• A commercial bank loan. Some SQE course providers are putting in place arrangements with banks, so check with providers when you are thinking about which course to take.
  • Taking advantage of flexible payment options offered by some SQE course providers, for example, monthly instalments. Again, check with providers when you are thinking about which course to take.
Complete a Master’s degree

This is likely to be more expensive, but you can get a postgraduate loan of up to £11,222. This is paid direct to the student, unlike undergraduate tuition fee loans.

The price of master’s degrees varies and some SQE Master’s courses might be higher than £11,222. However, others set their fees at the same level as the loan or lower, which means it could cover both the SQE1 training and assessment.

Undertake self-learning

You could use study materials to prepare yourself for the SQE1 assessment. This is a low-cost option, which you could combine with working. If you take this option, you will need to be self-motivated and able to learn effectively without external support or feedback. But some study materials include practice questions, so you can check your own learning as you go along.

Having a law degree is not a requirement for qualifying as a solicitor under the SQE. Many people switch to law after they have graduated in a different discipline. But you will still need to learn the full range of subjects which are assessed in the SQE1 to give you the best chance of passing the assessment.

What funding is available?

An undergraduate law degree will be covered by student loans. These cover:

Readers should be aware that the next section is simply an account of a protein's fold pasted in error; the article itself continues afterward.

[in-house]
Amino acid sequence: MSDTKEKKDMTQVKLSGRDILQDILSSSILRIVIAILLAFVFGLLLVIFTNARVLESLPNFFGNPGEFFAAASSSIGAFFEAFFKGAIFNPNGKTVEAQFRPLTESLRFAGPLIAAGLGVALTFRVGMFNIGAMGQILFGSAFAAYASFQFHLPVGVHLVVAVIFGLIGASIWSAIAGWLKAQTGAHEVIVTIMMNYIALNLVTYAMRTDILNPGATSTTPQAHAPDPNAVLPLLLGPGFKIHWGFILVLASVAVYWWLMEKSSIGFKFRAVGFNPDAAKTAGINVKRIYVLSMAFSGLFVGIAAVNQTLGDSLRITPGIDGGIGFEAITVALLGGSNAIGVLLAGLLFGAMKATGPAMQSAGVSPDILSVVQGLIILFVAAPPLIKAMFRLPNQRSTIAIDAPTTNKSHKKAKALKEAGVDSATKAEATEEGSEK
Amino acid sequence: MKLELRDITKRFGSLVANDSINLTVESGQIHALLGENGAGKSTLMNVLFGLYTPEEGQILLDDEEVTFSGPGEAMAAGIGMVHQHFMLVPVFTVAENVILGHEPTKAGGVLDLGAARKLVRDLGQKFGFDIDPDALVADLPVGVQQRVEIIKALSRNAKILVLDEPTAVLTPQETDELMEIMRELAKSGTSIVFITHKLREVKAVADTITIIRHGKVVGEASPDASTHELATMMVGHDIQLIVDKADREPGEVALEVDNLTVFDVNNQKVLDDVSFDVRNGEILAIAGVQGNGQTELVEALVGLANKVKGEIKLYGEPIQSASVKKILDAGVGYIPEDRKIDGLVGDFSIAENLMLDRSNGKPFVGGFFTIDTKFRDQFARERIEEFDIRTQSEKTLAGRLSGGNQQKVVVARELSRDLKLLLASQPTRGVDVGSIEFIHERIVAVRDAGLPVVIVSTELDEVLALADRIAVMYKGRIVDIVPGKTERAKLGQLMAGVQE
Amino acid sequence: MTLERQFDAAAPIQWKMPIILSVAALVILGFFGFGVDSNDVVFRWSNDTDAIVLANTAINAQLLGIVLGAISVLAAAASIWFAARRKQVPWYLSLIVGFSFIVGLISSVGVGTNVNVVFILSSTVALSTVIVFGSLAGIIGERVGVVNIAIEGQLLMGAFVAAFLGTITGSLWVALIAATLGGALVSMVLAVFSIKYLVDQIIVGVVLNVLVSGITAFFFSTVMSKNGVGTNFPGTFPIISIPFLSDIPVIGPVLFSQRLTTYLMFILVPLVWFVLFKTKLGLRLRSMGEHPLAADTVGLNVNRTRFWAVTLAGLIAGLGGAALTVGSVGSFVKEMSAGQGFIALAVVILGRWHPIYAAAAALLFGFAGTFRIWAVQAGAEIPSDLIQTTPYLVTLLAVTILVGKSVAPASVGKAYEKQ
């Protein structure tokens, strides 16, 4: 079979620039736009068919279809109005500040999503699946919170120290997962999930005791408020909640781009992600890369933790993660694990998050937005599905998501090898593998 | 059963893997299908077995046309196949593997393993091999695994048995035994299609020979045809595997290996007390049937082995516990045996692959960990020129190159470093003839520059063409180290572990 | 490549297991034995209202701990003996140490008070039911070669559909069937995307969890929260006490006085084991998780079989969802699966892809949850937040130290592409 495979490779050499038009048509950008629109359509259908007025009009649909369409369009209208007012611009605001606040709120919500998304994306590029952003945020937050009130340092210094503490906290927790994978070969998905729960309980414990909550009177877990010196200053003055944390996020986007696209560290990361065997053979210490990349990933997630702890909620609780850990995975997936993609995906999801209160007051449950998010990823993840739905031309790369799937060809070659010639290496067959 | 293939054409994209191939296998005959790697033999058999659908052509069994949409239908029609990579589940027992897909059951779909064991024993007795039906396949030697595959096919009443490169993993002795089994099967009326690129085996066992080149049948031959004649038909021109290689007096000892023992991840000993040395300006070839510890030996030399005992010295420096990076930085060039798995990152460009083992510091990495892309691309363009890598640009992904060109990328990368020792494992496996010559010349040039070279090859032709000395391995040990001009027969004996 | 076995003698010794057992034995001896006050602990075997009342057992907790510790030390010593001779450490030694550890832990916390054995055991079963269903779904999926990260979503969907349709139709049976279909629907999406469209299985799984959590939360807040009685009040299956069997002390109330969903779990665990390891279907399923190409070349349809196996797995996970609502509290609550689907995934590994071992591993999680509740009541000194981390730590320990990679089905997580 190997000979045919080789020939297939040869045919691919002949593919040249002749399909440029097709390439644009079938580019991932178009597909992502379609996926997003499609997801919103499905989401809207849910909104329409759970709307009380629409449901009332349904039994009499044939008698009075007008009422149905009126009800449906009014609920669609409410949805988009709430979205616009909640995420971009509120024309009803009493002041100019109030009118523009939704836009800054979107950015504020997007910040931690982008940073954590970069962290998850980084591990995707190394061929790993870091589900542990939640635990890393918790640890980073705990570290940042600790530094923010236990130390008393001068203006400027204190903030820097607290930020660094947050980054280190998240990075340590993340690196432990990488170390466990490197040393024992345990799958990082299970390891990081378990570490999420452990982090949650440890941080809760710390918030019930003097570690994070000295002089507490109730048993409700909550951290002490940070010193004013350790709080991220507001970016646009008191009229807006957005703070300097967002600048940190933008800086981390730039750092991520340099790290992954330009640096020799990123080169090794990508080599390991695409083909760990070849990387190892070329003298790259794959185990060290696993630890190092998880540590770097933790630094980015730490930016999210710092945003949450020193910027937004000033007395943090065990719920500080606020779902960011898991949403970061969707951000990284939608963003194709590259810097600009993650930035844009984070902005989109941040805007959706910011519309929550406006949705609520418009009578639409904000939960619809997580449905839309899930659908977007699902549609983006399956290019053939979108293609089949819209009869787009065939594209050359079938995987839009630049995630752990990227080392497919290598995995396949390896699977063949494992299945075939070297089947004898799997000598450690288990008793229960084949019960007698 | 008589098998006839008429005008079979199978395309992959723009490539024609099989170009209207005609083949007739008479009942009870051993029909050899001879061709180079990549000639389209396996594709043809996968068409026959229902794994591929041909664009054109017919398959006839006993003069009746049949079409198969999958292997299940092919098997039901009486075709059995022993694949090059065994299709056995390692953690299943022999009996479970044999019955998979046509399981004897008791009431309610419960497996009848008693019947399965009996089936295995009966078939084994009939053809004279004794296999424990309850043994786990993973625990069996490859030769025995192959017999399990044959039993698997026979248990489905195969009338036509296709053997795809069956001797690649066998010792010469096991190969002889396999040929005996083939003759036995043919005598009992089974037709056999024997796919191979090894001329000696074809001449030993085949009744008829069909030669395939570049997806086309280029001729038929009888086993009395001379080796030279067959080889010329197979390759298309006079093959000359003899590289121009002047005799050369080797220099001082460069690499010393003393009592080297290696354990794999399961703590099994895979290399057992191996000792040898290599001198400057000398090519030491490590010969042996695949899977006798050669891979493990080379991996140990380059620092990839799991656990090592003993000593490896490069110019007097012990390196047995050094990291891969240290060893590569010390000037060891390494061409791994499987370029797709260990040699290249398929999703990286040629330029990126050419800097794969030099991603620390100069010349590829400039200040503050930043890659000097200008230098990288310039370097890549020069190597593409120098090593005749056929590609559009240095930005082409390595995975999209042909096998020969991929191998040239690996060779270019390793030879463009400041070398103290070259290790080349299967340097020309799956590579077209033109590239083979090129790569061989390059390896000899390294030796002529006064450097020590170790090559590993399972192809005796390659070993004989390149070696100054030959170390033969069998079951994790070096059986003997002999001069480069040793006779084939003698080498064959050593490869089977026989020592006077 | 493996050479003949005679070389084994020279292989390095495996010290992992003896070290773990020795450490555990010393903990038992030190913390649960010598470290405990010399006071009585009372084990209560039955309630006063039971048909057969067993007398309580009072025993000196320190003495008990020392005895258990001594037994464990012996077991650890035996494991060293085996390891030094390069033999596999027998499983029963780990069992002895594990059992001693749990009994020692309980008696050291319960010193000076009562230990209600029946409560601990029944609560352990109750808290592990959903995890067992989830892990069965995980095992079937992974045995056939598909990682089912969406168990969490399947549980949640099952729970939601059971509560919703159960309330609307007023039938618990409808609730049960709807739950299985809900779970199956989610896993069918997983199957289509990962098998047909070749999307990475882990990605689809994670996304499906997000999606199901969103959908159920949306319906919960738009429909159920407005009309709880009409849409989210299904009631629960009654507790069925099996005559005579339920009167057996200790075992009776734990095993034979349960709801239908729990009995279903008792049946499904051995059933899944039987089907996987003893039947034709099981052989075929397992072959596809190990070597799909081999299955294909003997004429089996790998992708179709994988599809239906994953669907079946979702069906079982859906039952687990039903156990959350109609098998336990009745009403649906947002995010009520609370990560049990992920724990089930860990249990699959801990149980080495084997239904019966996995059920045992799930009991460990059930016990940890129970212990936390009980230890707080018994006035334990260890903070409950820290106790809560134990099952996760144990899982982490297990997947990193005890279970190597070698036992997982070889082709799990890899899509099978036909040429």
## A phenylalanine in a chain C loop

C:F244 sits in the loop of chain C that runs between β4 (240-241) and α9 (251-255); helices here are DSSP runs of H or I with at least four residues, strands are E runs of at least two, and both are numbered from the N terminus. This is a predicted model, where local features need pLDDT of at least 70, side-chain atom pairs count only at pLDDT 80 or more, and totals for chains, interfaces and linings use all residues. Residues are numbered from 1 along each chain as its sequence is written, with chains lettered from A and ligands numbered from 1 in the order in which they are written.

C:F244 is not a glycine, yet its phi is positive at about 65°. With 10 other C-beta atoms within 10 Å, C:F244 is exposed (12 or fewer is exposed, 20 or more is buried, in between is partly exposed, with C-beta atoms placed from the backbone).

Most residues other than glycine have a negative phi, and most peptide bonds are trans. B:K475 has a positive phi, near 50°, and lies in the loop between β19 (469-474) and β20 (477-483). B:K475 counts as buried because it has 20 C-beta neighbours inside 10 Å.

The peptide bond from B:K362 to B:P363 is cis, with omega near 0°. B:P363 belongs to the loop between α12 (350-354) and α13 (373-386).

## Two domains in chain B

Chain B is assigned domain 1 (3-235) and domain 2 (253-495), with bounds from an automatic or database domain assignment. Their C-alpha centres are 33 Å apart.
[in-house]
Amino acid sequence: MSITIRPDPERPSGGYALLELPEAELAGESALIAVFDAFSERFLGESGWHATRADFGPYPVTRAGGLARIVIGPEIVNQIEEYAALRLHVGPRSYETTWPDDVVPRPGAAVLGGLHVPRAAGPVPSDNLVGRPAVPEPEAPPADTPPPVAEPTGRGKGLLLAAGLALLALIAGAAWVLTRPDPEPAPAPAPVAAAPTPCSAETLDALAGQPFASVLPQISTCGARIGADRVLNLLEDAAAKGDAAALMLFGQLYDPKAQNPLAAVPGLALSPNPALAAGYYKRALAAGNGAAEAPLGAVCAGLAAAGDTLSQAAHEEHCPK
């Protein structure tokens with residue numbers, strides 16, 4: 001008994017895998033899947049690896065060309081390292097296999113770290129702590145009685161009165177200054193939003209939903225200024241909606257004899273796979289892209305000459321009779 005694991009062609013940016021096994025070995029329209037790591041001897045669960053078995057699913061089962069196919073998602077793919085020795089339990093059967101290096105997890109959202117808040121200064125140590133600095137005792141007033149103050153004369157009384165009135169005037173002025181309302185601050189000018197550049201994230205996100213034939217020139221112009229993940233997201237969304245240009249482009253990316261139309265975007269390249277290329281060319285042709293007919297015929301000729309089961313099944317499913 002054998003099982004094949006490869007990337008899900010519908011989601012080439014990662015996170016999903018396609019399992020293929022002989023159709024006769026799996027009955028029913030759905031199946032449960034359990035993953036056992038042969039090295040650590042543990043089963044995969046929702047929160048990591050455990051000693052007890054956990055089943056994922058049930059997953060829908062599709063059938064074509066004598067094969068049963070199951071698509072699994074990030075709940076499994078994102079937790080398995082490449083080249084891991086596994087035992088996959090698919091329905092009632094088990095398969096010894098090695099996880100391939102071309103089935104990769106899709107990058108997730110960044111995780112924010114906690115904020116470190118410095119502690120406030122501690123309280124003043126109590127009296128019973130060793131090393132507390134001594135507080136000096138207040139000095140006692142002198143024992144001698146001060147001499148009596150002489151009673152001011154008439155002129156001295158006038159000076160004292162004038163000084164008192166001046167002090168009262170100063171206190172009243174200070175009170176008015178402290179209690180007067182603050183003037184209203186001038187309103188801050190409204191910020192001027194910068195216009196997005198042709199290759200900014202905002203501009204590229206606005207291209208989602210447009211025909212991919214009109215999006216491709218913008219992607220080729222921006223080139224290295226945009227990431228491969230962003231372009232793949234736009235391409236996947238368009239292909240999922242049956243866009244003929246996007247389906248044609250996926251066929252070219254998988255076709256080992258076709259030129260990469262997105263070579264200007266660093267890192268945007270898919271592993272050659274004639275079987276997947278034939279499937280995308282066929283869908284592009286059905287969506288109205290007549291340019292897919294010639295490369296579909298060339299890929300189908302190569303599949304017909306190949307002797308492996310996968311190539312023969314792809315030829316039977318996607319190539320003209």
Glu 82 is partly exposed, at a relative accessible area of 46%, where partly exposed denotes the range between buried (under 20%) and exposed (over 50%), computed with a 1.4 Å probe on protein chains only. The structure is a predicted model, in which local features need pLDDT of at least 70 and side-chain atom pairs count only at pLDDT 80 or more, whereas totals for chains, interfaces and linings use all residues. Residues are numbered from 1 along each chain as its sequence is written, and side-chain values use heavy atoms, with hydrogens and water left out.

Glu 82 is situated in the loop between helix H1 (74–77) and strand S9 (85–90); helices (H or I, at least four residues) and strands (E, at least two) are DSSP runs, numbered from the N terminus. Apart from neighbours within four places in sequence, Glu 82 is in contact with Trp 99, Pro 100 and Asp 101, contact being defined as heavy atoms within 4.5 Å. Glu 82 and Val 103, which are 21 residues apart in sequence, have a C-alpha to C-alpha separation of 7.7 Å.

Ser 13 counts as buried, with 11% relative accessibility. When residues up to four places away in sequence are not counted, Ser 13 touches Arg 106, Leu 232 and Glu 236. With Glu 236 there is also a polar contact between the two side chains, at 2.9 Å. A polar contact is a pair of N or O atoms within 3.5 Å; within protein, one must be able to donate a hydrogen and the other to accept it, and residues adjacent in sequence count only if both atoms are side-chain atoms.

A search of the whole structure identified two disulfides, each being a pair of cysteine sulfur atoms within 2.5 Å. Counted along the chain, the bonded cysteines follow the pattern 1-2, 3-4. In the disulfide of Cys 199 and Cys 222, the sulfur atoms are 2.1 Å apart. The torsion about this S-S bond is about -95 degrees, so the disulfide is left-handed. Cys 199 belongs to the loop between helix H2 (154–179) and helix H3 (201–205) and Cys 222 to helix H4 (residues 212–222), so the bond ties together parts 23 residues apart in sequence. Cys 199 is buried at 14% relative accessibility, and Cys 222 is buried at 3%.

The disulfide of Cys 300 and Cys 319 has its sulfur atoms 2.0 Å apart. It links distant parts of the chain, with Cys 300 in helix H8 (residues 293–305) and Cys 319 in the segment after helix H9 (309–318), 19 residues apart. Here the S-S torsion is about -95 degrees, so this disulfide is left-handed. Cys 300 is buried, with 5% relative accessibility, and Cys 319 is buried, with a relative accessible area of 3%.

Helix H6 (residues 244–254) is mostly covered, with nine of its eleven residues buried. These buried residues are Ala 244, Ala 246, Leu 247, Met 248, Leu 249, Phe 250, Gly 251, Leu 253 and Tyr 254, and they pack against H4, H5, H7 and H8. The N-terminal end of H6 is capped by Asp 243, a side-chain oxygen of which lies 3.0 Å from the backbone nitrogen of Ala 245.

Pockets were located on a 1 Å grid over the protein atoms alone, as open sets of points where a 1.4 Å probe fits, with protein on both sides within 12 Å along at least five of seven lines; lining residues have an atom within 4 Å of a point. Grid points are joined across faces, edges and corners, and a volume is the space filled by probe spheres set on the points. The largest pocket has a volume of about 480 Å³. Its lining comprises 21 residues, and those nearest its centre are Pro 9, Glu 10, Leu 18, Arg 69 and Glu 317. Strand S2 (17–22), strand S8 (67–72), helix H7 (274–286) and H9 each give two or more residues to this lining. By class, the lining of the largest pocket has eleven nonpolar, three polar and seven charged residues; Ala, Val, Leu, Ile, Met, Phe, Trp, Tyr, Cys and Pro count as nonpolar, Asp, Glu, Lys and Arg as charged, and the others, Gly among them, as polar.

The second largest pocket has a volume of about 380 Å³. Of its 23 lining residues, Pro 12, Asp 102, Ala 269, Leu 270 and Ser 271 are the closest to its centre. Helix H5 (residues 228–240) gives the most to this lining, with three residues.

• tuition fees – normally £9,250 per year
  • maintenance (living expenses) - this varies according to household income (eg parental income). The average maintenance loan is about £6,800.

Additional help may be available for disabled students via the Disabled Students Allowance. Depending on the level of need, this can be up to £25,000 per year.

Things to consider

You will be likely to need additional SQE training, which you will have to pay for over and above the cost of a degree. You could choose to carry out additional SQE1 training by:

Taking a focussed SQE1 training course for non-law graduates

These courses are longer than training courses for law graduates. They do not carry any academic award and do not qualify for student loan funding. You could fund these courses by:

  • Self-funding for example, by working while you study.
  • Employer funding for example, through a graduate apprenticeship.
  • A commercial bank loan. Some SQE course providers are putting in place arrangements with banks, so check with providers when you are thinking about which course to take.
  • Taking advantage of flexible payment options offered by some SQE course providers, for example, monthly instalments.
Completing a Master's degree